I learned that it doesn't matter what I think I know about games, there is always more to learn. A new game, an obscure one, new ways of doing things. This hobby is more diverse than even we give it credit for.

I learned that there was a ton of great stuff being published back then.  I was fortunate to have lived in a area where I still had pretty good access to games. I now live in a place where any game I want is often a mouse click away or if I need it sooner in physical form, an 8-minute drive.

What I most enjoyed though was going through the older magazines, the ones up to issue 30-40; the Golden Age of RPGs or at least of D&D.  Yes I can be accused of being an old nostalgic gamer and that is fine with me to be honest.  I also liked reflecting on what I was doing at those times as well.

That was a lot of fun. I hope you all enjoyed it as much as I did.

Now what should I do??


Trey said...

I suspect that sort of "young vs. old" is endemic to most human pursuits. There are grognards or accusations of grognarddom, everywhere.

Unknown said...

Bravo! A mighty feat, sir.

To save anyone the bother, Warhammer RPG stuff continues until about issue 105/106 and from then onwards (at least untill 110 which was a far as I bothered going) it's wargames all the way.

It's funny, I found the same sense of anticlimax as you with issue 100 - issue 90 (which was also 10 years) had much more going on, and even that was really one article by Ian Livingstone.

I agree, issues 30-40 are probably the highlights. I'd extend it, between about 21-59 or thereabouts. The early issues are just too early (although the Albie Fiore adventures are good), and the quality tails off slowly and steadily from the 60s onwards. Although there are still some okay articles, the feel is never quite the same and I'm still not sure what it exactly is that causes that.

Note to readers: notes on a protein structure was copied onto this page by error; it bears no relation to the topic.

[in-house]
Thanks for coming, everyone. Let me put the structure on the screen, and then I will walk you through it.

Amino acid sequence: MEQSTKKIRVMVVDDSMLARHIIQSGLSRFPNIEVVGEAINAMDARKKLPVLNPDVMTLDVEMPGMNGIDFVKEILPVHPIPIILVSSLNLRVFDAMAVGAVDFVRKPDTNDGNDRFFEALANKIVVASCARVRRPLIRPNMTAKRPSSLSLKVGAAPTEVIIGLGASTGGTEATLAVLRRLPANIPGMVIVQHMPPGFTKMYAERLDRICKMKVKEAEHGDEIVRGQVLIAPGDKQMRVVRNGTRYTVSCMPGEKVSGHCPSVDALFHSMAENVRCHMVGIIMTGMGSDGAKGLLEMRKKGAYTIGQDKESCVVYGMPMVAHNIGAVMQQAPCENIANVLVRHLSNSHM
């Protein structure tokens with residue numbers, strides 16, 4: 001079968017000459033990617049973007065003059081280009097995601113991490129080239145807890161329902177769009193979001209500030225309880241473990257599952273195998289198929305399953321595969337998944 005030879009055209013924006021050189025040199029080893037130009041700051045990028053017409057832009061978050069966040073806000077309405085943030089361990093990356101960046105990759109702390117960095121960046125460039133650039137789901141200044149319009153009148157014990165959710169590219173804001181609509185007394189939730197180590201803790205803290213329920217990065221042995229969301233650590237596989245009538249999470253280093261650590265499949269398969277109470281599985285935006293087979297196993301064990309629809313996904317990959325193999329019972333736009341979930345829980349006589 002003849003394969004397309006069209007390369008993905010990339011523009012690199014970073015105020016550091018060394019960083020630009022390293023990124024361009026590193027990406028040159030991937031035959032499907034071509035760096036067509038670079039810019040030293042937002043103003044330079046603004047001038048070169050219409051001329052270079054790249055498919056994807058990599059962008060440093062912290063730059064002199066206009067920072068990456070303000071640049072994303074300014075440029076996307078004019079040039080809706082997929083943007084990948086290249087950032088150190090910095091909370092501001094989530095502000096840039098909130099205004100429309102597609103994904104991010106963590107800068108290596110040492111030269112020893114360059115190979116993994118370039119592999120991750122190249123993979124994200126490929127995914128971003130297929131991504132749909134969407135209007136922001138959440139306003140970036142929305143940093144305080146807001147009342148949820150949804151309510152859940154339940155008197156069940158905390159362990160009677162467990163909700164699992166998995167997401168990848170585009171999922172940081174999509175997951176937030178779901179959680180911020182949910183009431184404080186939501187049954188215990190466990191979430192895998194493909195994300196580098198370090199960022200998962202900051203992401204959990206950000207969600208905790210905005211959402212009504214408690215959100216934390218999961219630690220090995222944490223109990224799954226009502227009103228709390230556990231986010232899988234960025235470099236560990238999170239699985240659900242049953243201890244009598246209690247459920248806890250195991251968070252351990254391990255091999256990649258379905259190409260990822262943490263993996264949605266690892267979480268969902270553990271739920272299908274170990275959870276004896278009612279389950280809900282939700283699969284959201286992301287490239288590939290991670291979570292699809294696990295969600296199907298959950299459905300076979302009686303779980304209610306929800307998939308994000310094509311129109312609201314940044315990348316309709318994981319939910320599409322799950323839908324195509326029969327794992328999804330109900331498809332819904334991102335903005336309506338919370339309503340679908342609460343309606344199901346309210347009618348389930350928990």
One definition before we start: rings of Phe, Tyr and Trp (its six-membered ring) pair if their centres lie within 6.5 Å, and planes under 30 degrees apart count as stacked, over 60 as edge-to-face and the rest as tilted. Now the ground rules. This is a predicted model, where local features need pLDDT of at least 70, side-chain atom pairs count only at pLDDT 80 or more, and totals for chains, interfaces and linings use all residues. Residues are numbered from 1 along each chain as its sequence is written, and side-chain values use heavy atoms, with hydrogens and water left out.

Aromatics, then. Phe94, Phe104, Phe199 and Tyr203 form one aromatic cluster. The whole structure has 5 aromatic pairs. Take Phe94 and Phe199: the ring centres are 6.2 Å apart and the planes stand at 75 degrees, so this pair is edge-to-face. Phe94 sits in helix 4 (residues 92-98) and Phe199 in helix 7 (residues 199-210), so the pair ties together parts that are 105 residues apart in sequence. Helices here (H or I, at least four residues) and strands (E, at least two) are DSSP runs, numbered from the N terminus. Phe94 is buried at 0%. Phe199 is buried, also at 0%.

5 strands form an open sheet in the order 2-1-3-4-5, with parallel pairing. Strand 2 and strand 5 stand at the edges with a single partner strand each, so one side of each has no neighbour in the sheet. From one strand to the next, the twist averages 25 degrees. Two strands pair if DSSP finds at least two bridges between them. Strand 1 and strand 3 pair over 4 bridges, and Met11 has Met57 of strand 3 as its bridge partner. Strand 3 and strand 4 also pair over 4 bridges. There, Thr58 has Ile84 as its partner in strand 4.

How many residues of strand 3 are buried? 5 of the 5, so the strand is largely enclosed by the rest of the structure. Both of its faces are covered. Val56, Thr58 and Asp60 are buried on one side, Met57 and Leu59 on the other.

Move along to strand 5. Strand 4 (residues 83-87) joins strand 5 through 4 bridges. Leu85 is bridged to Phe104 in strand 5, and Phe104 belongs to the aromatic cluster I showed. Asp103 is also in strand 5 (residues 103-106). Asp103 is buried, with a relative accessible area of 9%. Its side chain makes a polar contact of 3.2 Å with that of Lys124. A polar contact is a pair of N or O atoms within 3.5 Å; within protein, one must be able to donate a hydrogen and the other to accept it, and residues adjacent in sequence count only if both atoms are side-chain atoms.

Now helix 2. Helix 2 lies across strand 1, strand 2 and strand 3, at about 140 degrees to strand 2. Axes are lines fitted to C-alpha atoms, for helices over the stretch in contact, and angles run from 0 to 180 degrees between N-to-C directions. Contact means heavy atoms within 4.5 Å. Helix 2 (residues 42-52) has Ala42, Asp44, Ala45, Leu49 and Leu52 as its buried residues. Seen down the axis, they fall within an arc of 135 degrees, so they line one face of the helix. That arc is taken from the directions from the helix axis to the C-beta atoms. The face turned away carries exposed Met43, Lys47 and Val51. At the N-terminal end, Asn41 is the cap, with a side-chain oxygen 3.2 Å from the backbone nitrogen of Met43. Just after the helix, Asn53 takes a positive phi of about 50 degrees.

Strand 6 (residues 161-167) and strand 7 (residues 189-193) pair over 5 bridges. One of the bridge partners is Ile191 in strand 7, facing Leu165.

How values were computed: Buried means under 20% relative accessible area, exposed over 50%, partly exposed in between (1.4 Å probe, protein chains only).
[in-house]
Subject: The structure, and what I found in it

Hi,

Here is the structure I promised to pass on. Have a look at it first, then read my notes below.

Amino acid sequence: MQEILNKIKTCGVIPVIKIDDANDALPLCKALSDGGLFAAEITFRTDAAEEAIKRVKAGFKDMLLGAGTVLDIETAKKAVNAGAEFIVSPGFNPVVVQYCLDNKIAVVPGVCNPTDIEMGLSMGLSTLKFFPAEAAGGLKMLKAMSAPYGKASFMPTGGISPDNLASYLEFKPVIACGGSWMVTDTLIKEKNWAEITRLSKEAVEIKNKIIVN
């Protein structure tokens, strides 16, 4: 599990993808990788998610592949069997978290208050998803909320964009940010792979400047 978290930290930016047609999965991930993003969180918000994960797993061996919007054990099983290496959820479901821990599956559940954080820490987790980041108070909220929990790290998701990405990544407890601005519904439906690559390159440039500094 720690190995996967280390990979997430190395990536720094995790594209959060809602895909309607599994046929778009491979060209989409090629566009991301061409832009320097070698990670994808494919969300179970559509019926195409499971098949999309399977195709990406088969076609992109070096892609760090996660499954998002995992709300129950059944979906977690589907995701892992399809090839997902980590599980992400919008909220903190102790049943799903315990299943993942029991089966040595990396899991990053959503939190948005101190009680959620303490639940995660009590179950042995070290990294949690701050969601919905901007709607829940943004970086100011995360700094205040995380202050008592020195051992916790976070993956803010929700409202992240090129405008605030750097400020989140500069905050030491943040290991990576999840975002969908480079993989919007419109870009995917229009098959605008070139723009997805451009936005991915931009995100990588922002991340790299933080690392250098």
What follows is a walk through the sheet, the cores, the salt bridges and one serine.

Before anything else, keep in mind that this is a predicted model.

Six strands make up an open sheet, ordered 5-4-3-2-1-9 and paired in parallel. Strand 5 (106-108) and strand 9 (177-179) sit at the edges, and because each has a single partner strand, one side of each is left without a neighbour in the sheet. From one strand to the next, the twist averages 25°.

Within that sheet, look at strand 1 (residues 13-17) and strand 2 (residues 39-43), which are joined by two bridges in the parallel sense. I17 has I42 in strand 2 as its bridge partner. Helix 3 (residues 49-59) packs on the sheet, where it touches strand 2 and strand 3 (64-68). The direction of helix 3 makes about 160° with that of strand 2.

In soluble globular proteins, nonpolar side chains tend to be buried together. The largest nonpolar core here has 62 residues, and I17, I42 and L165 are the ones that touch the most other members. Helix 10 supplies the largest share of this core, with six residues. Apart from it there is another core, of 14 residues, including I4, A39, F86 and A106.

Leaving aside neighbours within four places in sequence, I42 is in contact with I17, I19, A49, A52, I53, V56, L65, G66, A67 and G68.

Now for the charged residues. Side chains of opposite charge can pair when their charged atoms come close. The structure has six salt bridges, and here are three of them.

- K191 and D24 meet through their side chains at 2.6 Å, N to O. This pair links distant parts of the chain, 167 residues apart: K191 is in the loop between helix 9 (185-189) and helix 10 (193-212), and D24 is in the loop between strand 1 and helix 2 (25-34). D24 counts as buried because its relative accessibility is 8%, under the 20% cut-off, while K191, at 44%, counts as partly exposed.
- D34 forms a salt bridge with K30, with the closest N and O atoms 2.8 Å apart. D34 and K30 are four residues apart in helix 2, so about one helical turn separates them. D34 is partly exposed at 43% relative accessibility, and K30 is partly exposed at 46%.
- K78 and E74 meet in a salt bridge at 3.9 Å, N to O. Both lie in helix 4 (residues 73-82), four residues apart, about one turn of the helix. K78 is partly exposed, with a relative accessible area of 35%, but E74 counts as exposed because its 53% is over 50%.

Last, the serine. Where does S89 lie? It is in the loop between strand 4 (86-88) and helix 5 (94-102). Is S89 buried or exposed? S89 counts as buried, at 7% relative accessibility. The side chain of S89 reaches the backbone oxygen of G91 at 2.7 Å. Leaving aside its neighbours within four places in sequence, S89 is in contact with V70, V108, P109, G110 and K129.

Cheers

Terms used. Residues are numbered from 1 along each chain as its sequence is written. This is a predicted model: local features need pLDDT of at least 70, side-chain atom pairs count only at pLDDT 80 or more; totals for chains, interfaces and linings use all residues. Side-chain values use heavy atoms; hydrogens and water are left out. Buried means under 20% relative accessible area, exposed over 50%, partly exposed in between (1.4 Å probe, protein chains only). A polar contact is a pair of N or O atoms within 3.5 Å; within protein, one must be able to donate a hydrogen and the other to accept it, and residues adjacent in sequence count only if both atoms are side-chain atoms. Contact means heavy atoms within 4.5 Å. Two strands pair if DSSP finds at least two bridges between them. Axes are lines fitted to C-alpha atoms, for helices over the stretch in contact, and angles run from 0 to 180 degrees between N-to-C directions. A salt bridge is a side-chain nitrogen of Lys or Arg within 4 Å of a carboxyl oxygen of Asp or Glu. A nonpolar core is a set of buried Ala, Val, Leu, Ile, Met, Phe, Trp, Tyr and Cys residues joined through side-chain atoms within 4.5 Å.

thekelvingreen said...

Not quite; there's WFRP content all the way up to #140 and then that's the end of the rpg content.

faoladh said...

I think that my favorite "pre-release" tidbit was that, when the game that ultimately became GURPS (Generic Universal Role Playing System) was being designed, they were calling it the "Great Unnamed Role Playing System". I haven't seen anyone reference that since those days, but it was interesting to watch the discussions that were going on at the time.

Which has nothing to do with White Dwarf, really, but your comments reminded me of it.

Matthew W said...

When Alexander the Great had been campaigning for 13 years he cried salt tears because there were no more worlds to conquer - you've achieved the same in only 2 years!

Fantastic job. Thanks very much. My Thursday mornings will never be the same again.

(ps In case your knowledge of British televised darts commentary is a little sketchy - I stole most of the first sentence)